Find an old pair of nylon pantyhose (or a comparably breathable material) and fill them up with additive-free charcoal briquettes. Feel free to use whatever leftover charcoal you may have lying around from last weekend’s grill session.

Lay the charcoal-filled pantyhose across the top of the rug and roll it up, laying down additional rows of charcoal-hose as you roll if the area rug is particularly large.

Once fully rolled, see if you can fit the area rug in a plastic garbage bag; if not, wrap it in painter’s plastic or Saran wrap. Seal it as tightly as possible from the outside environment to ensure that the charcoal absorbs carpet odors, not whatever smells may be floating around the room.

After a few days, unwrap the rug and let it air out overnight. The procedure may be repeated if any strange scents linger.

4. The Kitty Litter Treatment

Much like charcoal, kitty litter—or rather, the natural clay it is composed of—does a wonderful job absorbing all sorts of offensive odors.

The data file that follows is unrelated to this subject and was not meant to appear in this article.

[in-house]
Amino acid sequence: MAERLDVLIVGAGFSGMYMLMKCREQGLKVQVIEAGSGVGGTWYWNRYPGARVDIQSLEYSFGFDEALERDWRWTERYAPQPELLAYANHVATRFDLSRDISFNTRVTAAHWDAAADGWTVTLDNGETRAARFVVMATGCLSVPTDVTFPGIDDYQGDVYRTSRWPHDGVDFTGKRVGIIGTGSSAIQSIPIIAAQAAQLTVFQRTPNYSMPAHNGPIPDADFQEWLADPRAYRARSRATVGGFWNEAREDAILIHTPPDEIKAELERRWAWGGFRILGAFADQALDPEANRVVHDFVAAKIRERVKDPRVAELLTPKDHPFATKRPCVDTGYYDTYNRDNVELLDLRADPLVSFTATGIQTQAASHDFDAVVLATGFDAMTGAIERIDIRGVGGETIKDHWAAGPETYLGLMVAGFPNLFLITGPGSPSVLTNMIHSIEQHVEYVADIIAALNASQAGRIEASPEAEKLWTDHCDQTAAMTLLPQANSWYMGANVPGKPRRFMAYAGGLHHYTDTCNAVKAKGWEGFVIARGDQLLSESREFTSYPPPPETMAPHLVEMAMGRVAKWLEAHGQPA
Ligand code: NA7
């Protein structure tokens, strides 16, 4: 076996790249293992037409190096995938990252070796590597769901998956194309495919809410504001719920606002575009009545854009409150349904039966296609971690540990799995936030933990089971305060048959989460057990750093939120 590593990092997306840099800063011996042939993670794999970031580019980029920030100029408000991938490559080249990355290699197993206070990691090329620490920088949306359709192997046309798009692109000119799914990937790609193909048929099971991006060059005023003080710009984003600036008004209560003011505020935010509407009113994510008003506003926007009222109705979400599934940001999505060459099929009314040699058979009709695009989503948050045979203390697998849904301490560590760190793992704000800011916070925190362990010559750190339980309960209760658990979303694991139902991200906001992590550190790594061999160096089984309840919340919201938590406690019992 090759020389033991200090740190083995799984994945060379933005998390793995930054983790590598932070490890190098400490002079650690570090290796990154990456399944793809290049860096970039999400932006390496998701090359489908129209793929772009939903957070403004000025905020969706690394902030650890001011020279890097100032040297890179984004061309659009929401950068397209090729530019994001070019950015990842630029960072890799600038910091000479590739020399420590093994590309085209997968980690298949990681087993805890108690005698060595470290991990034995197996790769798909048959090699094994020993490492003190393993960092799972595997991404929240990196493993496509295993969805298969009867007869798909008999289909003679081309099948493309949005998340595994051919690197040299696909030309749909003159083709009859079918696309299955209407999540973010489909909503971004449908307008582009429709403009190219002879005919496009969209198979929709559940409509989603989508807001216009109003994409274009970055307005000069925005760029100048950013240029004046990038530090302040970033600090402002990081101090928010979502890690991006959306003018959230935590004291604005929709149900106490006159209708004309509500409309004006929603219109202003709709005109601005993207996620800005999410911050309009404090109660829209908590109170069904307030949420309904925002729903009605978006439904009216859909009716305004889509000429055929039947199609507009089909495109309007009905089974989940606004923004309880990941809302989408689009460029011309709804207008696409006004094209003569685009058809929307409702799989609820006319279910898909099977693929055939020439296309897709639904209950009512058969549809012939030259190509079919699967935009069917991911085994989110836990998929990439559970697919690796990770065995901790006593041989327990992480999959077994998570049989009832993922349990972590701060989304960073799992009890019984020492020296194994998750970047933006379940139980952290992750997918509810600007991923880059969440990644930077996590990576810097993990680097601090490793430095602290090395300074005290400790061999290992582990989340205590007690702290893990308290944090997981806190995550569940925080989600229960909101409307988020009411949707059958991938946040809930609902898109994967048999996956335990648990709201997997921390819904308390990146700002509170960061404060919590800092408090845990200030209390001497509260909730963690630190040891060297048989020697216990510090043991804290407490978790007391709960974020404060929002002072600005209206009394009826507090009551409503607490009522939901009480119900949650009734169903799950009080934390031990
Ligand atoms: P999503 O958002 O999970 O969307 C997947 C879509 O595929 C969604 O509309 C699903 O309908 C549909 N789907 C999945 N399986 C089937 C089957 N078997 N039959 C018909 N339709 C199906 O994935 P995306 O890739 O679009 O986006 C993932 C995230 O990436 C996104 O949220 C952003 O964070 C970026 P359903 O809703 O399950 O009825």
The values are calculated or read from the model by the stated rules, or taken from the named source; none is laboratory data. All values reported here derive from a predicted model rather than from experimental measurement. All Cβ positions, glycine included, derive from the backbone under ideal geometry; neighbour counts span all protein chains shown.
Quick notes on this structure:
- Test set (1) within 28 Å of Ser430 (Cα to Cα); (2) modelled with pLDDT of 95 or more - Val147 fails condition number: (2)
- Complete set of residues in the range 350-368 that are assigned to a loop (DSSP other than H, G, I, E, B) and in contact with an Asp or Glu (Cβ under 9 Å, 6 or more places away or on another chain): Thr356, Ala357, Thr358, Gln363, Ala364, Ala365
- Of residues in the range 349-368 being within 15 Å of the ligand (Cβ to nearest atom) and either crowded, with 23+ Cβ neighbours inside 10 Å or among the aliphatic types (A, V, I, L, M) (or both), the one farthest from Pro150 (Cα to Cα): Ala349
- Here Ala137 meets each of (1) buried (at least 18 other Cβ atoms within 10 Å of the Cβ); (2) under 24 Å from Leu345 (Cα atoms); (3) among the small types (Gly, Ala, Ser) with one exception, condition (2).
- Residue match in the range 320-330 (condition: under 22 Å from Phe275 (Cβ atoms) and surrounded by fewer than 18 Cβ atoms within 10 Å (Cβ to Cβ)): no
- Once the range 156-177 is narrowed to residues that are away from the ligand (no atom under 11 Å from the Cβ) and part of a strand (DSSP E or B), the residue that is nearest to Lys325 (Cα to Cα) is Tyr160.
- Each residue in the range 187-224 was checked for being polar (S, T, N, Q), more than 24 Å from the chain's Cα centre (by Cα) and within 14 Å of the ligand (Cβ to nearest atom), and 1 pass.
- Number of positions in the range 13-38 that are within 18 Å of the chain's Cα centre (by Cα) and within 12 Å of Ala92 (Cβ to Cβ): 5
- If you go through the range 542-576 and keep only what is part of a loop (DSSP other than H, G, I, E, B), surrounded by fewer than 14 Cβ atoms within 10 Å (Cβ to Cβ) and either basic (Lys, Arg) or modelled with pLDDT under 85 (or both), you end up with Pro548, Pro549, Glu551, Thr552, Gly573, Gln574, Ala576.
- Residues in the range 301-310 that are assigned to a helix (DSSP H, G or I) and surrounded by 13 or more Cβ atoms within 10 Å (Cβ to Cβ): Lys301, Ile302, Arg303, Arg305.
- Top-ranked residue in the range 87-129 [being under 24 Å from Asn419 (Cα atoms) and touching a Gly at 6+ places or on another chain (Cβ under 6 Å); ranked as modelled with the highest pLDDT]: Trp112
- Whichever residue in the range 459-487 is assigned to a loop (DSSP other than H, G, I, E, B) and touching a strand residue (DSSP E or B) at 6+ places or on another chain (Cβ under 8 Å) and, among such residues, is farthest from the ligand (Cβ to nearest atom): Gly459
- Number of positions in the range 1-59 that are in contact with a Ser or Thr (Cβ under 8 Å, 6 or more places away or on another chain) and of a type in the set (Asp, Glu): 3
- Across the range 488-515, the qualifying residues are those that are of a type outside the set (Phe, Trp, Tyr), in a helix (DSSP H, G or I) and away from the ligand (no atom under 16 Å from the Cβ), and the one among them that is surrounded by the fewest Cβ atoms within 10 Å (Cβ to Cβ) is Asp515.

Move the rug to an out-of-the-way location where it won’t be exposed to foot traffic. Sprinkle unscented kitty litter all over the rug, but avoid grinding it down into the pile.

Depending on the severity of the smell, it may take a few days for the clay to fully absorb odors, so let the rug sit in peace for a while.

After a day or two, shake off as much of the kitty litter as possible and vacuum the rug a few times. Ideally, the smell will vacuum right off with the litter.